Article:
Designed to meet the requirements of engineering students and physics majors. Emphasizes how to relate physical principles to mathematical techniques in problem solving. Covers electromagnetism, including the study of fields, circuits, and optical systems. Four hours of lecture and three hours of laboratory activities per week. NOTE: Concurrent enrollment in MATH-280 is recommended.

### Goals, Topics, and Objectives

That students appreciate how physical law is central to the description of physical phenomena; and that they understand how to make applications of such law in engineering.

- Electric Charge
- Colulomb's Law
- Electric Fields
- Gauss's Law
- Electric Potential
- Capacitance and Dielectrics
- Current and Resistance
- EMF Sources
- R-C Circuits
- Electrical Measurement Instruments
- Magnetic Fields
- Magnetic Forces
- Sources of Magnetic Fields
- Ampere's Law
- Electromagnetic Induction
- Faraday's law
- Lenz's Law
- Inductors
- R-L, L-C, and R-L-C circuits

- Alternating Current
- Motors, Generators, and Transformers
- Maxwell's Equations
- Electromagnetic Waves
- Optics
- Reflection and refraction
- Image Formation
- Optical Instruments
- Interference
- Diffraction

Upon successful completion of this course, students should be able to:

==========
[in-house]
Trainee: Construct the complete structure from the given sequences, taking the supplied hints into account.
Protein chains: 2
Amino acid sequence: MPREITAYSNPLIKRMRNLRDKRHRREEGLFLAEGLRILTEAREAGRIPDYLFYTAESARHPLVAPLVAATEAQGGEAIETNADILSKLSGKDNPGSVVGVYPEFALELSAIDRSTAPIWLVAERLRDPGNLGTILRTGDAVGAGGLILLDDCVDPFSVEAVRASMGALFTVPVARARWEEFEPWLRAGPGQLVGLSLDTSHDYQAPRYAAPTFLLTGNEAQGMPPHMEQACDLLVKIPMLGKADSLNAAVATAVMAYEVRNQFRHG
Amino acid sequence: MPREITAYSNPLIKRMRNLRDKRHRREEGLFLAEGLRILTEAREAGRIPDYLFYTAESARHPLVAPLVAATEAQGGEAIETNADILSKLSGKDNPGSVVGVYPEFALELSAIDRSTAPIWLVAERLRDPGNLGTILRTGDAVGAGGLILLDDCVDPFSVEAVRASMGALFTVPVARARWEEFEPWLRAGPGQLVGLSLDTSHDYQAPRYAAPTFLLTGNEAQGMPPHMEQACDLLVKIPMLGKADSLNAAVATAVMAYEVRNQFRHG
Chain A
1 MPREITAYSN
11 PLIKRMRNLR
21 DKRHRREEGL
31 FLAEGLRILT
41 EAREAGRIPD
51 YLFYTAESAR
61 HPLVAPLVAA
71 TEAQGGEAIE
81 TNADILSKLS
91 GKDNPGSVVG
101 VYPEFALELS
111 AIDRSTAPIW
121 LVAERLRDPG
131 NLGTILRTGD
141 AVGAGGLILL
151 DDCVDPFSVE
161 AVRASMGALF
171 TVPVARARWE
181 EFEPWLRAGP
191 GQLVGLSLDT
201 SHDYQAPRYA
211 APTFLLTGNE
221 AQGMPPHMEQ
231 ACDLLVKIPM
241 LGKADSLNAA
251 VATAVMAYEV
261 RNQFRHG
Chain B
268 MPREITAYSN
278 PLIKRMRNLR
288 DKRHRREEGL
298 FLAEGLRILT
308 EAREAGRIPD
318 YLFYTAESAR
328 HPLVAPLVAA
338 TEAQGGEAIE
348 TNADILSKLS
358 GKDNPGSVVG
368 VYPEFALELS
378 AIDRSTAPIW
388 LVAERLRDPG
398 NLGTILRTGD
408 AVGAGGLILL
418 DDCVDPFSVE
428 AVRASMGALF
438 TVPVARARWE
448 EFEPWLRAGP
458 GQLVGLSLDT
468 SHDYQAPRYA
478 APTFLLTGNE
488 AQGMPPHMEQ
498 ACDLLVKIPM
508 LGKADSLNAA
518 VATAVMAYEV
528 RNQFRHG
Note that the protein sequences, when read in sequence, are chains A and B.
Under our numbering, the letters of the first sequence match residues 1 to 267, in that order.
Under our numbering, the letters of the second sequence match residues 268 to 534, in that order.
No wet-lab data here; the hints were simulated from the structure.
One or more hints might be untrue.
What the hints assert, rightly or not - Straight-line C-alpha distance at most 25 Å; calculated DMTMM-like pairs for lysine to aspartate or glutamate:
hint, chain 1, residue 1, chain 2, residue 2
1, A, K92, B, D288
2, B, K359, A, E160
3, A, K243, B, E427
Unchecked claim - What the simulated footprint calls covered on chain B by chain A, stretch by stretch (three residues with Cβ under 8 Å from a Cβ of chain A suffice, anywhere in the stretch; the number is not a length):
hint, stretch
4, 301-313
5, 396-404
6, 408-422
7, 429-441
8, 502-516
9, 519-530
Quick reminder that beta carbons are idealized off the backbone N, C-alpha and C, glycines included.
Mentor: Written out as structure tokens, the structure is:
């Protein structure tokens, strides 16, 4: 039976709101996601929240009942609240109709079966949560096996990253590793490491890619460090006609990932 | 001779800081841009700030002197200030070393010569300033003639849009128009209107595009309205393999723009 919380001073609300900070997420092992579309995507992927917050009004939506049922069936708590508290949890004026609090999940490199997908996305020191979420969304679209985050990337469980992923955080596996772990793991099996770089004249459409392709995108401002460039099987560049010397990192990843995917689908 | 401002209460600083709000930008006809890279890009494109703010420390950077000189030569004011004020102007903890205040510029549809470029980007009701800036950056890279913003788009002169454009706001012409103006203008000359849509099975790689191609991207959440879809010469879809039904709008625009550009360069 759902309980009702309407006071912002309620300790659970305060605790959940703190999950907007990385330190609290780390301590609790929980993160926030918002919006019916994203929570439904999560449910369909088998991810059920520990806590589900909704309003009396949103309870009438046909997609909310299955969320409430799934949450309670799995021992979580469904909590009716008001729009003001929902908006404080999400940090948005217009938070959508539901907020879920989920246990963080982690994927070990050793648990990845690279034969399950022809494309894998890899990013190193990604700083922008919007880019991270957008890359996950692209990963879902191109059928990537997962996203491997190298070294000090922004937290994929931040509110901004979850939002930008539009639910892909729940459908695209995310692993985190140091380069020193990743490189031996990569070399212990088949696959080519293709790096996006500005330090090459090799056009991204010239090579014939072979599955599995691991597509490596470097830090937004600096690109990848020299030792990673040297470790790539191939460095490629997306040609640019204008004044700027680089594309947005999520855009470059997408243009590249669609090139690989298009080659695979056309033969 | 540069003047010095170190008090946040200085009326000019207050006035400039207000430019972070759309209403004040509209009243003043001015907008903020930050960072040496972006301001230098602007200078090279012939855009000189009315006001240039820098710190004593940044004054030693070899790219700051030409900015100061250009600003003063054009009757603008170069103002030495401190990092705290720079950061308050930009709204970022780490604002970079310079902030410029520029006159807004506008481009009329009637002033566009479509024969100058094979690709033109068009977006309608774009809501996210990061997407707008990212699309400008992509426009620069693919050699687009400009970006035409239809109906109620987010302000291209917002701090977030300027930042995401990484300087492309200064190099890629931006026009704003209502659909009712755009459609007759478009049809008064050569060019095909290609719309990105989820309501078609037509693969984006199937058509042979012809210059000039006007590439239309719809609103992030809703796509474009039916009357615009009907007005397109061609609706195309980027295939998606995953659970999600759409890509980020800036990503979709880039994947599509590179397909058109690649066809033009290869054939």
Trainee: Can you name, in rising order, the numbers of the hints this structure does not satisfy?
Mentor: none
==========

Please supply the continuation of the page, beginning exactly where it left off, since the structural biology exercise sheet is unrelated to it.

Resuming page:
- Demonstrate an ability to compute the Vector Dot Product and Vector Cross Product.
- Demonstrate an ability to compute Line, Surface and Volume integrals.
- Explain the concept of electric charge.
- Apply Coulomb's Law to determine the forces on charged particles.
- Describe the motion of charged particles using the appropriate kinematic equations.
- Determine the Electric Field Vector near Point Charges, Line Charges, Surface Charges and Volume Charges.
- Apply Gauss's Law to determine the electric field near certain symmetrical charge distributions.
- Describe the motion of charged particles in electric fields.
- Explain the difference between conductive materials and insulative materials.
- Determine the electric potential due to point charges.
- Determine the capacitance of Parallel-Plate, Cylindrical and Spherical Capacitors.
- Explain how a capacitor is able to store charge and electrical energy.
- Explain the concept of electrical current and describe the motion of charge carriers in electrical circuits.
- Determine the current through and the voltage drop across resistors in a circuit.
- Categorize a circuit as either a Series Circuit, a Parallel Circuit or a combination thereof.
- Determine the equivalent resistance of series circuits and parallel circuits.
- Demonstrate the correct and appropriate use of the digital multi-meter.
- Explain the function of an
*emf*source in electric circuits. - Explain the difference between electric fields and magnetic fields.
- Describe the magnetic field in and near permanent magnets.
- Analyze magnetic field line diagrams to determine the magnetic field vector anywhere in space.
- Determine the magnetic fields near current carrying wires and current carrying loops.
- Determine the forces on charged particles moving in magnetic fields.
- Apply Ampere's Law to determine the magnetic field near symmetric distribution of current carrying wires.